Wednesday, August 15, 2007


In Brazil, you are not really aware of India. Everybody knows that there are 1.1 billion Indians, but the average Brazilian -like me - has never met one. This changes completely when you live in London. Here Indian culture is all over the place, my friends have Indian heritage, and I have eaten tons of curries. It is natural to become interested in the country. However it is really hard to understand India (and probably I'll never do).
The site that BBC has set up to celebrate the Independence is a good start to grasp India. Two BBC recent articles are a must for those who want to understand the recent changes: The changing values of modern India and Can India close the wealth gap?
From the first one I learn that in the sixties:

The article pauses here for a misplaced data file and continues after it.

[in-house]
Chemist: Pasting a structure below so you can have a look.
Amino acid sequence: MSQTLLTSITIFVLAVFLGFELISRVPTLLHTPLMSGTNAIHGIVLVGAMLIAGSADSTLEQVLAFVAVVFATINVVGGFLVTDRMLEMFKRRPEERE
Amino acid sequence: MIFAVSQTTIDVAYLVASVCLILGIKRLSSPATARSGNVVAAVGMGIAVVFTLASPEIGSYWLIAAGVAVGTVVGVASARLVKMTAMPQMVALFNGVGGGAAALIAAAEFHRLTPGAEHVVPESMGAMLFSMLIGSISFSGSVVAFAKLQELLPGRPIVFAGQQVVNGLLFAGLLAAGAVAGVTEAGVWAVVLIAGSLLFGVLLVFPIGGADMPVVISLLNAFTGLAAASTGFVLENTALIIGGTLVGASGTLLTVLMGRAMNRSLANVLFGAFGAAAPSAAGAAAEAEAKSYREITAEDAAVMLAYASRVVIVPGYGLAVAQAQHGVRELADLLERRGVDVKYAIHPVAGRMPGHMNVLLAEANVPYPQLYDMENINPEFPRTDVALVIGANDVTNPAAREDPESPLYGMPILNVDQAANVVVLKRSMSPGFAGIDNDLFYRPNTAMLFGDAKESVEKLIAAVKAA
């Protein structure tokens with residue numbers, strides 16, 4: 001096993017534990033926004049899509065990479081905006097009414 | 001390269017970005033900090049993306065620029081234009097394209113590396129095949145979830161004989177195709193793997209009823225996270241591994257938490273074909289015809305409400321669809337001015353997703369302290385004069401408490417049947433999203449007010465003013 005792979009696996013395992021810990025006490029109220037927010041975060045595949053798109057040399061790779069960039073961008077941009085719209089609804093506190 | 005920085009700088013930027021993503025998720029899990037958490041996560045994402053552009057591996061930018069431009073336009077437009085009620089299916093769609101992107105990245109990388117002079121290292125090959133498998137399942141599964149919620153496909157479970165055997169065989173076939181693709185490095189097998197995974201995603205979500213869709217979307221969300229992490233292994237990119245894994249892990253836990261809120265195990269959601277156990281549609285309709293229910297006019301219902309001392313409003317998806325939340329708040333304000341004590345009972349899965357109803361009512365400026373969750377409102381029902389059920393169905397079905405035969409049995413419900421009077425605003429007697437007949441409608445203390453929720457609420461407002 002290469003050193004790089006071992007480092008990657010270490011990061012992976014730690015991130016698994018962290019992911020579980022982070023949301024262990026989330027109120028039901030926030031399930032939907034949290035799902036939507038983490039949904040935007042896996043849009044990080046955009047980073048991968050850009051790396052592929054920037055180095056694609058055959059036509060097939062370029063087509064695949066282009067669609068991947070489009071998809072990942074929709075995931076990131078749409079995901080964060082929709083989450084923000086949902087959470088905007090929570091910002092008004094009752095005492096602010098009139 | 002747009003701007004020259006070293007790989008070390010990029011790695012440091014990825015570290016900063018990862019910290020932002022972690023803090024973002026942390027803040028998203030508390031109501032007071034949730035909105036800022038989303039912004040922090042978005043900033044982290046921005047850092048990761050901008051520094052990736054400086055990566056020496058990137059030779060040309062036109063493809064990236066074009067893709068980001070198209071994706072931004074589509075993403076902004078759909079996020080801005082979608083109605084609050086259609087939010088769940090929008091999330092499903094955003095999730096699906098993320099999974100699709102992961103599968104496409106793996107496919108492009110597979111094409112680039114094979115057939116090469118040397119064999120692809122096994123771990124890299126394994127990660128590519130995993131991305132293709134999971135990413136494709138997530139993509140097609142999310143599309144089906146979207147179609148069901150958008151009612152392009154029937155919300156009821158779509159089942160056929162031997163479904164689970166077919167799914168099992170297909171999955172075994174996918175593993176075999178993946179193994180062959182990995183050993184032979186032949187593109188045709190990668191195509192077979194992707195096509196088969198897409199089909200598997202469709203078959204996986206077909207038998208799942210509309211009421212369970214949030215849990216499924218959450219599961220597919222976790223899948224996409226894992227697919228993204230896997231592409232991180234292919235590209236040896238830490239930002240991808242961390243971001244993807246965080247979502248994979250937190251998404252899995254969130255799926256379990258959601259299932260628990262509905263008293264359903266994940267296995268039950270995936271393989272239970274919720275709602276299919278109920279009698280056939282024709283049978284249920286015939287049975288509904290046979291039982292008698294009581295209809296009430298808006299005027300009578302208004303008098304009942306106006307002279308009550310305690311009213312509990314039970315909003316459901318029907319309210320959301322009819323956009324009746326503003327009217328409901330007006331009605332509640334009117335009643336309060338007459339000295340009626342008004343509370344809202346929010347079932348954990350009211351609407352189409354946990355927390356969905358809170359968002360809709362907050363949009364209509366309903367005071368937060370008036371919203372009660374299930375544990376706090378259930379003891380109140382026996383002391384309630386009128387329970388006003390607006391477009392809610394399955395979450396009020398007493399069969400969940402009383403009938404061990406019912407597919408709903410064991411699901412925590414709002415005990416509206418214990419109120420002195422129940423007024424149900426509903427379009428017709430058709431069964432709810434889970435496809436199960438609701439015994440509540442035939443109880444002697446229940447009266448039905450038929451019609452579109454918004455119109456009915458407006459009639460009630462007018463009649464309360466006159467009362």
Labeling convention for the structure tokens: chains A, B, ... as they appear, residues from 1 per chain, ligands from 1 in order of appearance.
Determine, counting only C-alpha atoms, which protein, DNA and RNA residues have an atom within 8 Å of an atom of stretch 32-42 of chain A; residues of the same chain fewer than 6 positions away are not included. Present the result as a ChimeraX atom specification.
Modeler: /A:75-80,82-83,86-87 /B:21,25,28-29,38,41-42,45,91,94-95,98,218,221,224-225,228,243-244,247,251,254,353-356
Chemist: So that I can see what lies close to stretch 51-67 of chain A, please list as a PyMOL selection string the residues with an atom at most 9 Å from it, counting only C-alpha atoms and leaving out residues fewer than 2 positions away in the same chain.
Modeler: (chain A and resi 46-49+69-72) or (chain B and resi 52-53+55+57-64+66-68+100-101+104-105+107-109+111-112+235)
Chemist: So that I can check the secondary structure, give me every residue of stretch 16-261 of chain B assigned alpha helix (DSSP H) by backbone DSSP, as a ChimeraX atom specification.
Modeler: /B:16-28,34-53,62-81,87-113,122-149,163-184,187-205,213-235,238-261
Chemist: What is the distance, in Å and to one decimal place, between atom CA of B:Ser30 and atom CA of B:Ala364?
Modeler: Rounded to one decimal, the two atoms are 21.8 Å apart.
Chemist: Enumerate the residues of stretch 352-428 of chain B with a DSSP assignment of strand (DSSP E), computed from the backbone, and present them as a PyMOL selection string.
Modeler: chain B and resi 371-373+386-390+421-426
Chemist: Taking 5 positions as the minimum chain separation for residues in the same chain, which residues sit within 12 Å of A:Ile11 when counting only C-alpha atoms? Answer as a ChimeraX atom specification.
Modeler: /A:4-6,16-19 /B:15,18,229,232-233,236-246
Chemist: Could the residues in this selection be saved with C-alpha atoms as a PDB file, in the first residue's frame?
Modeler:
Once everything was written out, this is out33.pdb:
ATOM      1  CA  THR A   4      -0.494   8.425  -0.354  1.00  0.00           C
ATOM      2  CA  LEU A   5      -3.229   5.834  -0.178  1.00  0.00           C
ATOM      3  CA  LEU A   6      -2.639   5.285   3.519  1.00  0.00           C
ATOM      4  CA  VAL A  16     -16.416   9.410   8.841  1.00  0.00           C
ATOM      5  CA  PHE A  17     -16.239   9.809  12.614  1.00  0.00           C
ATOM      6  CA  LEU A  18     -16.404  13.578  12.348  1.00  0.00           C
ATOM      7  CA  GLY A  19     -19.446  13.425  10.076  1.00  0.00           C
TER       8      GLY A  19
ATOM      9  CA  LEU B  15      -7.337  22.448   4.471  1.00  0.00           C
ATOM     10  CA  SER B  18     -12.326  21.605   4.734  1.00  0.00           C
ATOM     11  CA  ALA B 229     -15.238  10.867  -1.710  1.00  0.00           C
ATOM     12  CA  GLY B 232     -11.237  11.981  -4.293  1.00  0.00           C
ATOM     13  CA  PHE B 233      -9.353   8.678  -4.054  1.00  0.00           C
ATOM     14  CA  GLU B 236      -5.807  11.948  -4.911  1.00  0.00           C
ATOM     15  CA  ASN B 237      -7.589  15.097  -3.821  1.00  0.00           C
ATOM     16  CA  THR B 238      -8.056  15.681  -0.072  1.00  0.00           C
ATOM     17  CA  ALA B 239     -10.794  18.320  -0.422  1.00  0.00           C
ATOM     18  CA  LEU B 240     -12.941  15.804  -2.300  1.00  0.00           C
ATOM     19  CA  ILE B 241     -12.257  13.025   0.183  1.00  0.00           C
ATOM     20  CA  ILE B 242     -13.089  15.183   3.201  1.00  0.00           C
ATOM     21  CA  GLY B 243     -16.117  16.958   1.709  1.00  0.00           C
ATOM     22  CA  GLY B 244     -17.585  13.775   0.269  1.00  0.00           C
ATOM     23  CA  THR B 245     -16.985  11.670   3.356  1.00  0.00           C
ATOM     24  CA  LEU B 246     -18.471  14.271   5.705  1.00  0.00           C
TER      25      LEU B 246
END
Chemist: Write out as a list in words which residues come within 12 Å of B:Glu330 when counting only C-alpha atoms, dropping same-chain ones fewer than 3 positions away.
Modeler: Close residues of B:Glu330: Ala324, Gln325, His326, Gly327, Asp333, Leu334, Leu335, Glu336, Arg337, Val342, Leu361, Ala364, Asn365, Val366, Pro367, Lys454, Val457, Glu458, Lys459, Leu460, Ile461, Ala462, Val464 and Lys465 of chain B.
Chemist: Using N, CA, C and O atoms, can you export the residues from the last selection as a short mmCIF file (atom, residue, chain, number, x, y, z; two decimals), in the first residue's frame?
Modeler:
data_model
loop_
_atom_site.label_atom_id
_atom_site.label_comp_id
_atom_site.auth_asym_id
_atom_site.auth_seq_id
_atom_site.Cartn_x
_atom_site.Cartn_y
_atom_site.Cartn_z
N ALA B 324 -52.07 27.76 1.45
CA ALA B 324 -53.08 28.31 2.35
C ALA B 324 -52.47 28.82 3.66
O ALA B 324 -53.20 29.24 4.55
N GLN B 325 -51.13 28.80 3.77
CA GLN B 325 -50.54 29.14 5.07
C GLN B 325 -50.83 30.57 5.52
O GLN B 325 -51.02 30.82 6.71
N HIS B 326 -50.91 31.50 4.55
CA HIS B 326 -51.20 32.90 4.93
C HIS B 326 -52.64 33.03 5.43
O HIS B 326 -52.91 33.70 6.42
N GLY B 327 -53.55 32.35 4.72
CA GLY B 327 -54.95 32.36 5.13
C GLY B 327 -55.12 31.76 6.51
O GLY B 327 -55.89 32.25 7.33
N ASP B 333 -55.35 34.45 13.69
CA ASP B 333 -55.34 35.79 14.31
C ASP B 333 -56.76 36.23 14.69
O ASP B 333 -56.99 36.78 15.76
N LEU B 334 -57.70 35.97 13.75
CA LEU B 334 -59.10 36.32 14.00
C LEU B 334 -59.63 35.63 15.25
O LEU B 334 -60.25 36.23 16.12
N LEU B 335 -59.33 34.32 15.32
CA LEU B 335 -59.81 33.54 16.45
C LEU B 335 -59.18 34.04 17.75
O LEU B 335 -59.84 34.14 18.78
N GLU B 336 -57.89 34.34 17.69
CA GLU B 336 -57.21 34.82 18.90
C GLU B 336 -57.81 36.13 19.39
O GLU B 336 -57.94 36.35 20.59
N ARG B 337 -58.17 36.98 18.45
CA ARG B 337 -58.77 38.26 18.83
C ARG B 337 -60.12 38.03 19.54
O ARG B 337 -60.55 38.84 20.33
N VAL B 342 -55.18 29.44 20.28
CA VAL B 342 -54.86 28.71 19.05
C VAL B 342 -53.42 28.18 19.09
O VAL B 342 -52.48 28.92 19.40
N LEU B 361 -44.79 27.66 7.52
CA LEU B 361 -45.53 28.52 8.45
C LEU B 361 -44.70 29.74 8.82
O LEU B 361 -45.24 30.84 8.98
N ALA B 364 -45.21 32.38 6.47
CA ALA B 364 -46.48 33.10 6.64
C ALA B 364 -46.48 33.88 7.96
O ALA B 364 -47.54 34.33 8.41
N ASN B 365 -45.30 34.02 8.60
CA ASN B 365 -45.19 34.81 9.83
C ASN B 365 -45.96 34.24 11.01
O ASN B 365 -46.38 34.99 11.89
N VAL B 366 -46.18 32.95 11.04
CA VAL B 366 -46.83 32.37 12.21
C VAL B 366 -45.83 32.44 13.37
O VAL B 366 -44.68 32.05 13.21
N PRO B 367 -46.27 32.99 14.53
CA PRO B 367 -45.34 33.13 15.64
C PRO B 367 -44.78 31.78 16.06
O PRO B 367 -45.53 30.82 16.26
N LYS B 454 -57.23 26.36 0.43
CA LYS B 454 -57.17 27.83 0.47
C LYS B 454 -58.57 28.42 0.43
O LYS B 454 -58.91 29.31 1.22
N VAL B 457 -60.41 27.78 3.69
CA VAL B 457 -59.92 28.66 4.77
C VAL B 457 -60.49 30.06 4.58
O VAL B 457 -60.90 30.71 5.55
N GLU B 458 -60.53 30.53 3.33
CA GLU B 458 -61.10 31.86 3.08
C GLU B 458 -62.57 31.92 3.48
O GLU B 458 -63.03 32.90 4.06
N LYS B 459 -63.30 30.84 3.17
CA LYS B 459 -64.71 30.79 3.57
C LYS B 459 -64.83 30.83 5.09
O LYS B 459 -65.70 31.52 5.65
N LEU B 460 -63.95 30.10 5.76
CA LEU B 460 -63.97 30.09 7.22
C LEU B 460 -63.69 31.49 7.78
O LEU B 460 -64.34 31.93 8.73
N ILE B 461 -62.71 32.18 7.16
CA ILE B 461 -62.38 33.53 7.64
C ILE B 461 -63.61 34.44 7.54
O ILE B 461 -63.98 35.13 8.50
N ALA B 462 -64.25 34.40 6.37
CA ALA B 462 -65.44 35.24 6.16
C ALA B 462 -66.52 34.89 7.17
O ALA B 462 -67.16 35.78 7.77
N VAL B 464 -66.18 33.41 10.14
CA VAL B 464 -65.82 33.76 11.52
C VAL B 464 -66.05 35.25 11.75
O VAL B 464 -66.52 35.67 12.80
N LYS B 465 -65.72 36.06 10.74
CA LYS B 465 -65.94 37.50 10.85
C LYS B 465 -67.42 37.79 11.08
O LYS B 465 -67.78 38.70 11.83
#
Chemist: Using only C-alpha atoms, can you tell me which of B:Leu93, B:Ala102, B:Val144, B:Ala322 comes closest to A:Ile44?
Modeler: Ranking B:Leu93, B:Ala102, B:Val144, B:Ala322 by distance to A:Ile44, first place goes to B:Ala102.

"Such was the scarcity in the country that there was a Guest Control Order which meant you could not invite more than fifty people for a meal - at weddings all you got was a thin slice of ice cream."
And from the latter I learn about rural outsourcing:
"Bellary is home to one of India's first rural outsourcing centres, run by Indian steel maker JSW Steel Limited. The organisation has started two small operations on its Bellary campus, hiring young women from nearby villages to work in their rural processing centres. Here the girls spend their shifts punching in details of American patients' dental records, typing in a language many of them have only recently learned, using a machine many had never seen or heard of before. Twenty-year-old Savithri Amma has a basic high school diploma. She earns about $80 (£40) a month doing this work - the same as one of her peers might earn working as a house-help in Mumbai."

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